Fewer students are getting suspended from city schools, according to new numbers from the New York City Department of Education.
The DOE says that fewer than 70,000 students were suspended in the 2011-2012 school year, a 5 percent drop from the DOE's report the previous year.
The new figures come almost three months after the DOE made changes to its disciplinary code.
Under the new rules, officials say students caught smoking, swearing, or cutting class are not suspended. They're now given warnings, parent conferences, or lunchtime detention.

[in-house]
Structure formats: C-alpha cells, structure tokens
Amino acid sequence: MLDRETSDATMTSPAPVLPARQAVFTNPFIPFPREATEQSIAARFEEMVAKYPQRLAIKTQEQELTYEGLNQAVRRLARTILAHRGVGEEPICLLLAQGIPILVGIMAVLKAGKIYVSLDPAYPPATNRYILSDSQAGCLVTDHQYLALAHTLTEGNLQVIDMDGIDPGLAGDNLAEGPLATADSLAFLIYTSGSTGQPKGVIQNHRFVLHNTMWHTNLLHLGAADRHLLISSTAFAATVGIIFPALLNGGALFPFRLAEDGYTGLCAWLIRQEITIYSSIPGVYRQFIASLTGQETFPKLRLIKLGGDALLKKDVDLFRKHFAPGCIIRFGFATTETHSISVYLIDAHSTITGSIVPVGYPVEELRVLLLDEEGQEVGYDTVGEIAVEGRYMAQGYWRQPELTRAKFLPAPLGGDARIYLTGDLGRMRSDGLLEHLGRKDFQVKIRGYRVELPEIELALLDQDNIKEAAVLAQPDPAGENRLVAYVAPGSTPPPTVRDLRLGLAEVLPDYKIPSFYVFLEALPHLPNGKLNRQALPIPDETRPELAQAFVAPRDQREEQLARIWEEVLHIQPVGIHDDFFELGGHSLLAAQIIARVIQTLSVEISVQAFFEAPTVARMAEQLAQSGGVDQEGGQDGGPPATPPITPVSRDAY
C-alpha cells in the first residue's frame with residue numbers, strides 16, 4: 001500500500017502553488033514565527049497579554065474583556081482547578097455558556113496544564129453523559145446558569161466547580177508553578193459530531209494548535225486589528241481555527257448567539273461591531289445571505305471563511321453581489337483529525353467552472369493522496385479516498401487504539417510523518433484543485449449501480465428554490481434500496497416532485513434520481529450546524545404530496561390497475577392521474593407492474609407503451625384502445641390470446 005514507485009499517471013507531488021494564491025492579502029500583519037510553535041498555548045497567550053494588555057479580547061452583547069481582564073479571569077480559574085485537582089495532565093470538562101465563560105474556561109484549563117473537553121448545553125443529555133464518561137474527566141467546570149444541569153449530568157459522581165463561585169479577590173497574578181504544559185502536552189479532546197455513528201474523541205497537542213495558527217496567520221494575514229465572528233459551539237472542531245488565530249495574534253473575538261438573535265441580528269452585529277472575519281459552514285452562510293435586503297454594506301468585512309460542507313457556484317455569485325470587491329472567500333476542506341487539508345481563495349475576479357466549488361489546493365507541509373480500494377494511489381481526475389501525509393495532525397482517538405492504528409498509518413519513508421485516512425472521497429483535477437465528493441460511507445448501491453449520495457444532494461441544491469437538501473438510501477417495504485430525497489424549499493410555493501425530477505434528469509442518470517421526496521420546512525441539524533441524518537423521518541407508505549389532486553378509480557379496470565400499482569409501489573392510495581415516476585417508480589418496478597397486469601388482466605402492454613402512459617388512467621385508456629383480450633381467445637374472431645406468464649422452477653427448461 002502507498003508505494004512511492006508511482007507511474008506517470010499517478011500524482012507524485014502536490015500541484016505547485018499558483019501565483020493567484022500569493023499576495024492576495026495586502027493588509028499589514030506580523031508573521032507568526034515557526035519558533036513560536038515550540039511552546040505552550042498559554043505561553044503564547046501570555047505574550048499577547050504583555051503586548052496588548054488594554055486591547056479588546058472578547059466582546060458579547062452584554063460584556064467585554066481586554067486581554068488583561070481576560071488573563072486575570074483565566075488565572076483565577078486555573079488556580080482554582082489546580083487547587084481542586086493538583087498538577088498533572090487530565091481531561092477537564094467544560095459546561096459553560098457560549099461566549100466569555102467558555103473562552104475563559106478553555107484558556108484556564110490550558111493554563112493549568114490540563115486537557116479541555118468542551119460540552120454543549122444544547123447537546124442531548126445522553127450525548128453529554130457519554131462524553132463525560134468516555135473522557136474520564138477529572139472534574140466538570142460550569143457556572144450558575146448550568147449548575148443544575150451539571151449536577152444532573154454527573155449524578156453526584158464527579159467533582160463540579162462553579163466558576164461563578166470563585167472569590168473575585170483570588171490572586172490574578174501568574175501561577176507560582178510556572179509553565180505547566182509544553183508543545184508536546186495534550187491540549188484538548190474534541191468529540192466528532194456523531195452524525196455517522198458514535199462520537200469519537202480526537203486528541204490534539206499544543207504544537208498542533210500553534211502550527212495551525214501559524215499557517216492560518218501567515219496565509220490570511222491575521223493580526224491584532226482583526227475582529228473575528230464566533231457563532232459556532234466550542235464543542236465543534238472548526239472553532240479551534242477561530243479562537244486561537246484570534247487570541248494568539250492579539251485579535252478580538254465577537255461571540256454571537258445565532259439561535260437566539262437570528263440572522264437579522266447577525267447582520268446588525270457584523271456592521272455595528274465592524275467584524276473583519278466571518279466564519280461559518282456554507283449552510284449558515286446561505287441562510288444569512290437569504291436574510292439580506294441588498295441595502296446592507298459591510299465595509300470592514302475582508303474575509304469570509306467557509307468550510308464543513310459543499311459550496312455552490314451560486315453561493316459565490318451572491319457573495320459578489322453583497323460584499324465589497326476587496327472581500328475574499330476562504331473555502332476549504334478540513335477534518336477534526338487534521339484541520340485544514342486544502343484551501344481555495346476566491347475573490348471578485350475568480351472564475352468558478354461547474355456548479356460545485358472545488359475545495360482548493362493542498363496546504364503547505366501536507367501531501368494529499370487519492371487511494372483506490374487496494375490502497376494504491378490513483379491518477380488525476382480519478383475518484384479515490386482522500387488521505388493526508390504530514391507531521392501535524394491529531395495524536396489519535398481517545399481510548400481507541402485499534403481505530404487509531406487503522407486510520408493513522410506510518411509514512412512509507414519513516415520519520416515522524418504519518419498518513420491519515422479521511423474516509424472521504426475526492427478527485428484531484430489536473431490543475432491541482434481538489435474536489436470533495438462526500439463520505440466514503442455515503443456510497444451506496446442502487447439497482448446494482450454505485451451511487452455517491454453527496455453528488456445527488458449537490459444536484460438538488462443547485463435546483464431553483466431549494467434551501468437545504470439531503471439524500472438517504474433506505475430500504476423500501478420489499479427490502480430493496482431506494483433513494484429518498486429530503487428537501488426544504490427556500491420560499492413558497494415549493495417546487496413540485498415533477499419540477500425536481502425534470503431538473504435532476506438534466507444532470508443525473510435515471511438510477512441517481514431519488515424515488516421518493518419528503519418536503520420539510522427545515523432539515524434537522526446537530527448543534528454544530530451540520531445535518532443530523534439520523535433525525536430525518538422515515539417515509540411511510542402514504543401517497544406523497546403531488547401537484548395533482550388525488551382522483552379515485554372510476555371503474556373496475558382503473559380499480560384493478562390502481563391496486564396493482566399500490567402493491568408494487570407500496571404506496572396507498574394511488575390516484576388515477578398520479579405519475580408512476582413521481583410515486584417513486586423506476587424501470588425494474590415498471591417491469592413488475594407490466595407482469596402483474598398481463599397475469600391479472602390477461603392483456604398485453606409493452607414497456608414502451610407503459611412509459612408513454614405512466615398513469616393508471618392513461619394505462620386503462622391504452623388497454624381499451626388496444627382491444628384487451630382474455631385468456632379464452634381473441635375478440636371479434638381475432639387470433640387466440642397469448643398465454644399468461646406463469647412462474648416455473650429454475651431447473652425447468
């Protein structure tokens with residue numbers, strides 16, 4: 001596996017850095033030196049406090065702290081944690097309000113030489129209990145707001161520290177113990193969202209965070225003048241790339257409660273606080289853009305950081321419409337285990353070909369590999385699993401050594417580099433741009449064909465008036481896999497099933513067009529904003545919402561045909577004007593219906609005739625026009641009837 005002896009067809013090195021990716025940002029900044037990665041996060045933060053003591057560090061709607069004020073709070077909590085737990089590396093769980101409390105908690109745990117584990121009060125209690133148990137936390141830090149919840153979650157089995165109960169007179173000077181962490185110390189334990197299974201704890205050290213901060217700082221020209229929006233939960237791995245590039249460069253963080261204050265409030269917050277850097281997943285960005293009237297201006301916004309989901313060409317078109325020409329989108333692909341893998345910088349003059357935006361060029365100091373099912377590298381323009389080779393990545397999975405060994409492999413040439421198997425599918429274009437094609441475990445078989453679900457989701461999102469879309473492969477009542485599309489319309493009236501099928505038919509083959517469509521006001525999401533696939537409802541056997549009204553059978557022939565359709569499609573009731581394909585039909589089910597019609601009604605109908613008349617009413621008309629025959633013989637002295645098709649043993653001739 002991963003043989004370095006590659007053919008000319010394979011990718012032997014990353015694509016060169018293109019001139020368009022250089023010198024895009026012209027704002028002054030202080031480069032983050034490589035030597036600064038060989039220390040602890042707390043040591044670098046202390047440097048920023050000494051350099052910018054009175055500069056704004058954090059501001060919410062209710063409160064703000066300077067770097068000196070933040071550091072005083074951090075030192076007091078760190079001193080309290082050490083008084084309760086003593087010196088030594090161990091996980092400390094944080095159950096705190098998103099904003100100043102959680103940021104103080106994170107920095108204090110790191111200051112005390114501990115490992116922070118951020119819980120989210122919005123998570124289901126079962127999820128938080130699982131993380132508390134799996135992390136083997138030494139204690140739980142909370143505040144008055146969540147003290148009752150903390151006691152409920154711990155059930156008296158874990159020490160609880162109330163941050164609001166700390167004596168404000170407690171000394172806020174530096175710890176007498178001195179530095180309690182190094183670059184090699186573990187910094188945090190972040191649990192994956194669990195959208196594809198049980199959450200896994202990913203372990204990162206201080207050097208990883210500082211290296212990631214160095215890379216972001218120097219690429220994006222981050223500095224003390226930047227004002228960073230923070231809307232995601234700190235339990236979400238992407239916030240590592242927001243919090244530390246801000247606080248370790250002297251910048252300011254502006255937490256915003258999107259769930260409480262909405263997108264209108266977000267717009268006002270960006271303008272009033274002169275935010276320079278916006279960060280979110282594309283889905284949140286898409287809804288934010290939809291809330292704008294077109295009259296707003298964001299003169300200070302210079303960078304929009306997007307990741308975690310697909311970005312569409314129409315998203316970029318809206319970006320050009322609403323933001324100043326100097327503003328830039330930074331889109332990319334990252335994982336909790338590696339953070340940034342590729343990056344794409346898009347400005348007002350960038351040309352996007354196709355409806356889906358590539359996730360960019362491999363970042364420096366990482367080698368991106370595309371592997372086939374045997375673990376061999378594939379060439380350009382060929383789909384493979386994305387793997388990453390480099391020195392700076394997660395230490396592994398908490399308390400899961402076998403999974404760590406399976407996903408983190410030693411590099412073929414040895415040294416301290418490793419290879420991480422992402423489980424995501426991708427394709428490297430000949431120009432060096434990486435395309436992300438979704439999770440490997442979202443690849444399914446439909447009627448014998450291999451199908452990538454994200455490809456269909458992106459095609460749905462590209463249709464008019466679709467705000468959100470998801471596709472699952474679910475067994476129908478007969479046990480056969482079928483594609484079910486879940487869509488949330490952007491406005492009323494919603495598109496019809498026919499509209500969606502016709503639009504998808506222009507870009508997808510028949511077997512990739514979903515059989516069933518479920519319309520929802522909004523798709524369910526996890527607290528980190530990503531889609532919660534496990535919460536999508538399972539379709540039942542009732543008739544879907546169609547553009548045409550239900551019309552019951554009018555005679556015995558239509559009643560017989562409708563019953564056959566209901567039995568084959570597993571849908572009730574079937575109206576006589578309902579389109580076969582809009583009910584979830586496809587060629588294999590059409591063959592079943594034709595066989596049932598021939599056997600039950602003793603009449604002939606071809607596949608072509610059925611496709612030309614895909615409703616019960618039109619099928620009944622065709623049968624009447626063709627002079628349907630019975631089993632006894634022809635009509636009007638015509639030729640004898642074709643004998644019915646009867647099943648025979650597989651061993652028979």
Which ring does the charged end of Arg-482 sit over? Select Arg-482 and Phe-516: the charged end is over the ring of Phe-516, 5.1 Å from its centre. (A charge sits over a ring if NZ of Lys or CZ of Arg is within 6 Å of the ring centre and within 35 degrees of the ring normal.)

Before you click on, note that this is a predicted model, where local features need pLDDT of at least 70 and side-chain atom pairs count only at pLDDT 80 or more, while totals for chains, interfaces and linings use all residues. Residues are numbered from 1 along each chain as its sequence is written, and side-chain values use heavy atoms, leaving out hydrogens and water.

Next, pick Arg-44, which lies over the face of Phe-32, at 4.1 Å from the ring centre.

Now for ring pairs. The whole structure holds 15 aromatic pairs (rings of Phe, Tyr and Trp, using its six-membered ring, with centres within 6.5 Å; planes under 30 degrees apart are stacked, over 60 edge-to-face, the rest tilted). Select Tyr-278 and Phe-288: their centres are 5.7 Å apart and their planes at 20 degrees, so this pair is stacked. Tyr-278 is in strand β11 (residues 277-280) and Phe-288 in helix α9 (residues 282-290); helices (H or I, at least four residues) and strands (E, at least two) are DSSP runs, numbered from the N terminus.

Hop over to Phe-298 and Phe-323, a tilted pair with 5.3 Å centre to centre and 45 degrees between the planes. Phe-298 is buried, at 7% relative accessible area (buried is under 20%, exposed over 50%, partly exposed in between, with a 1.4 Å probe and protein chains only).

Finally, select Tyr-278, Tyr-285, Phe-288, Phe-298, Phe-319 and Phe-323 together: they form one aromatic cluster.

However, critics say there's still room for improvement.
The Dignity for Schools Campaign says the number of suspensions among minority students is still disproportionately high.
The group says suspensions are a quick fix that doesn't change student behavior in the long run, and teachers need more training to deal with troubled students.